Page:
Islamic Banking & Finance Page 28-04-2019

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Islamic Banking and Finance in 2019-Moving Forward

 

Various released reports including Thomson Reuters, IMF, World Bank for the period ending Dec 2018, show buoyant figures for the Islamic finance industry and is positive for further growth in the near future.

According to the reports the global Islamic finance industry grew by 11% in 2017 compared to the previous year to $2.4tn in assets and showed compounded annual growth of 6% since 2012. These figures are based on data collected from 56 countries with Islamic finance industries, mostly in the Middle East and South and Southeast Asia, and there from a total of 1,389 fully-fledged Shariah-compliant financial institutions and windows.

Of the entire assets, Islamic banking accounted for 71%, or $ 1.7tn, of the industry’s total assets in 2017. Based on the report’s findings, the global Islamic finance industry will reach a total global asset volume of at least $3.8tn by 2023, which translates into further double-digit annual growth from 2018 onwards and represents an annual growth rate of 9.5% over the past decade.

The growth is mainly driven by expansion of Islamic finance into new territories, as well as by new and innovative capital market products and the development and adoption of sector-specific financial technology.

As per asset size, Iran, Saudi Arabia and Malaysia remain the largest Islamic finance markets worldwide according to the study, while Cyprus, Nigeria and Australia saw the most rapid growth.

The reports also point out that the digital revolution is beginning to transform the Islamic banking sector. There have been launches of several Islamic online banks, and a fast-growing number of startups are focusing on a broad range of fintech solutions for Islamic banking and are also innovating with new technologies such as block chain. New digital banking channels mean for traditional banks that they can increase their outreach to more under banked regions, and with the rapidly growing popularity of mobile banking, particularly among younger people, a growing number of disruptive digital-only banks with no physical branches have emerged that are attracting a sizeable number of clients and are becoming serious competition for established Islamic banks.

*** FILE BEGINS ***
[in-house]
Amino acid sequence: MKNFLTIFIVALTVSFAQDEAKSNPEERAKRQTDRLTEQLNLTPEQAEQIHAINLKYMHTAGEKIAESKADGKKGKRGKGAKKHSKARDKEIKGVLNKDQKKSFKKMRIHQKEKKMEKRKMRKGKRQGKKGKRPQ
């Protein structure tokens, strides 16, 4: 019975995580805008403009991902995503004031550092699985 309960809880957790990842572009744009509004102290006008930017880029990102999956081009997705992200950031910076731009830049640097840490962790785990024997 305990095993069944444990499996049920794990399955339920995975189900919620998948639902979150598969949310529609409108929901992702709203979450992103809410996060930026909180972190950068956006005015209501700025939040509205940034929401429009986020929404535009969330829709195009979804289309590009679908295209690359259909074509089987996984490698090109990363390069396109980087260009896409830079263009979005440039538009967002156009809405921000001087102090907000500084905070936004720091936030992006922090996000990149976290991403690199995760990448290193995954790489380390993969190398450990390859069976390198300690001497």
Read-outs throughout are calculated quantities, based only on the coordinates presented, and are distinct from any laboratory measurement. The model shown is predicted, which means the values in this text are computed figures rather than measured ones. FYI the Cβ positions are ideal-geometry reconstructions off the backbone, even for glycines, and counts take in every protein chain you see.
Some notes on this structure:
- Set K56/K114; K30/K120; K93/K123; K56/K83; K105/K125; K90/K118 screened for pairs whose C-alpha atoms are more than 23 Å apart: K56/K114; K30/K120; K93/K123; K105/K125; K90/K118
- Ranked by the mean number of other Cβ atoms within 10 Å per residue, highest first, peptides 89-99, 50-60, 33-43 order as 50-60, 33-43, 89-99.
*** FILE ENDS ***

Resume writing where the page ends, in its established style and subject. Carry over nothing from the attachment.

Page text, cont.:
IMF to Add Islamic Finance to Market Surveillance in 2019 whereas CAIF Pakistan is already issuing such reports since 2016

The IMF now wants to encourage more consistency in applying Islamic finance rules, having previously warned over the complexity of some sharia-compliant products that could stifle growth and add to financial instability.

The industry is important for financial systems in more than a dozen countries, accounting for over 15 percent of total financial assets in countries such as Saudi Arabia, Kuwait, Qatar and Malaysia. The IMF says it views the growth of Islamic finance as an opportunity to strengthen financial inclusion efforts, deepen financial markets and develop new funding sources.

The International Monetary Fund will incorporate Islamic finance into its financial sector assessments of select countries starting next year, aiming to improve regulation in the growing sector.

The IMF has traditionally focuses on conventional banking, but it has been increasingly engaging with regulators in countries where Islamic finance is now deemed to be systemically important. Under a proposal by the IMF’s executive board, guidance issued by the Malaysia-based Islamic Financial Services Board (IFSB) would be incorporated into IMF assessments to address the regulation and supervision of Islamic banks.

Islamic finance, which bans interest payments and pure monetary speculation, is estimated to have over $2 trillion of assets globally and is expanding further.

In this regard we very importantly bring it in to information of all that Centre of Advisory Services for Islamic Banking and Finance (CAIF) (web: islamicfinancecaif.com) established in Karachi, Pakistan is already issuing Financial Sector Assessment Reports for Islamic Banking and Finance on yearly basis since 2016 and two reports for 2016 and 2017 are available whereas for 2018 the report is under preparation.

 

Position as of 2018 regarding banking activity, Return on Assets/Return on Equity, Financing type and Liquidity Ratio of Islamic Banking and Finance world wide

 

 

 

 

 

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